The aerospace and defence industry across the globe is an enabler of modern society. Many of the same companies that produce civil, commercial and military aircraft and spacecraft, also contribute to the progress of a multitude of non-aerospace sectors. Globalisation is a key trend in this industry. As a result, aerospace is becoming more global with each passing year.
Globalisation of aerospace industry
Much like many car and truck models, it is becoming increasingly difficult to define, say, a large commercial aircraft as either ‘European’ or ‘American,’ since a large percentage of their parts content is manufactured in different regions of the world and assembled in others. As the industry becomes more global, the mega-contractors—referred to as ‘large systems integrators’ or ‘primes’—that fully assemble the myriad parts and subsystems into an aircraft increasingly, are partnering with suppliers around the world versus relying mostly on companies close to home.
There are several reasons for this trend, which include gaining or expanding access to distant markets, spreading the financial risk of developing a new aircraft model and avoiding interruptions in production by securing backup sources of critical parts and materials.
Role of SME sector
Small firms make up the vast majority of the global aerospace industry, but they are no less important to the job of building a completely assembled aircraft, whatever form it takes. Small suppliers are also responsible for much of the engineering innovation that fuels the aerospace industry’s growth. This is where policies like ‘Make in India’ have a big role to play in creating an ecosystem of agile defence manufacturing and boosting the SMEs in the supplier ecosystem.
The ‘Make in India’ policy was a welcome move for a country of over a billion population, for two reasons. Firstly, manufacturing is the only segment that can create jobs on a large scale, hence, it can provide massive employment opportunities. Secondly, manufacturing brings in the much-needed balance on GDP that is currently skewed heavily towards services.
Challenges in aerospace & defence sector
The policy started on a good note and created a positive dynamic from many FIIs and global companies. However, the recently published results from industry bodies have a contrasting tale to tell. Despite a slew of measures, the manufacturing sector’s contribution to GDP has marginally fallen down from 2014 to 2018. So, the imminent question is—where does the problem lie? There could be several factors, however to understand the hurdles of aerospace and defence manufacturing sector in India, we have to analyse the following four challenges.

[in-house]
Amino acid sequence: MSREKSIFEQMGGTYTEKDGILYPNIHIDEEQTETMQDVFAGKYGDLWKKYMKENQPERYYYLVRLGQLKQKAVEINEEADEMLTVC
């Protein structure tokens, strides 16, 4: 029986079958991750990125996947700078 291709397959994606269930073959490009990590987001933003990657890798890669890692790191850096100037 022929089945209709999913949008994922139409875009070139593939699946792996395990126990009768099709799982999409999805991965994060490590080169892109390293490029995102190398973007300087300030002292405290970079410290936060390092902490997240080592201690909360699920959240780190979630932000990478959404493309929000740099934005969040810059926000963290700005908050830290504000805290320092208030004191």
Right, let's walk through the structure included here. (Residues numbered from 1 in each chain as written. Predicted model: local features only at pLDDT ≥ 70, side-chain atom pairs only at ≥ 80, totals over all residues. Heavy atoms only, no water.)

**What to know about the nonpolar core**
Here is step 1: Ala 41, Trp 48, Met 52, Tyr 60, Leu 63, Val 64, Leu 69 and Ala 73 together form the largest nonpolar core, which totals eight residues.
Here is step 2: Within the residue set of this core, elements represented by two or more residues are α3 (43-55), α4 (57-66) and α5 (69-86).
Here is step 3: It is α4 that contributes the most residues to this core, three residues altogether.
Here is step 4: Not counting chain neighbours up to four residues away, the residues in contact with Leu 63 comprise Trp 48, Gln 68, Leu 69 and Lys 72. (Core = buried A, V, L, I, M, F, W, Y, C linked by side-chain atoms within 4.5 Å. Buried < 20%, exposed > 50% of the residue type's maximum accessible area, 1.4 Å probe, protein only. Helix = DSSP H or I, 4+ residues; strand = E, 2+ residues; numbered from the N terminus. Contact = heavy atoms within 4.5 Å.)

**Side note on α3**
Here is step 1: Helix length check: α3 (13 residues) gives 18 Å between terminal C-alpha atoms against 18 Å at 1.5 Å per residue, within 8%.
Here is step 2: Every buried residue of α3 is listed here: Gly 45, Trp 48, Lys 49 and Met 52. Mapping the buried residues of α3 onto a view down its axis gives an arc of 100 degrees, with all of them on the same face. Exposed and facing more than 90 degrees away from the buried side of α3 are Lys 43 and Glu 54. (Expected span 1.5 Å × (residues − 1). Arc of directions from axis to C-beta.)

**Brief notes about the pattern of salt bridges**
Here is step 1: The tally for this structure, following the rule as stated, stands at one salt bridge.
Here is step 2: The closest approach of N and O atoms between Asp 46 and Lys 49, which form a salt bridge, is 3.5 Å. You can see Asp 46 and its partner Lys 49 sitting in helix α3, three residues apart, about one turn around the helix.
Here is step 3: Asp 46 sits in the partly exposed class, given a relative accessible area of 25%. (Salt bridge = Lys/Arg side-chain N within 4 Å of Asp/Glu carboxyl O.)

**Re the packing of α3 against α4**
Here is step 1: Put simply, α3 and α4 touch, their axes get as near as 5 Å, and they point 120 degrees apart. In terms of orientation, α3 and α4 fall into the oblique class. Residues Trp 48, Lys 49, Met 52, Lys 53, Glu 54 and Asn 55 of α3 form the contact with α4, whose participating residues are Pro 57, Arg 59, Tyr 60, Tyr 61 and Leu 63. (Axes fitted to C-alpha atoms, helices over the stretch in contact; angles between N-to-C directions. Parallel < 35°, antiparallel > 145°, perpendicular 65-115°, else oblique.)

1) Program execution: In the past, the industry, as a whole, has had difficulty running development programmes for new business, commercial and military aircraft and spacecraft, driving up costs and missing critical delivery dates. Among other reasons, these programme management struggles could have been due to intense competition, which necessitated optimistic pricing, cost and delivery plans. A closer look at several large-scale programmes that have missed their commitments in recent years reveals many root causes, including the use of immature technologies, lack of appropriate levels of systems engineering discipline and a plethora of complex engineering changes after the programme was well under way. These are compounded by the growing complexity of today’s programmes and disruptive technologies. Programmes must seamlessly integrate advanced connectivity, sensors and other IoT technologies into an aircraft’s system of systems, new materials into airframes, as well as adopt industrial-scale Additive Manufacturing, multi-robotic advanced manufacturing and other production trends, in order to increase interoperability, safety and profitability.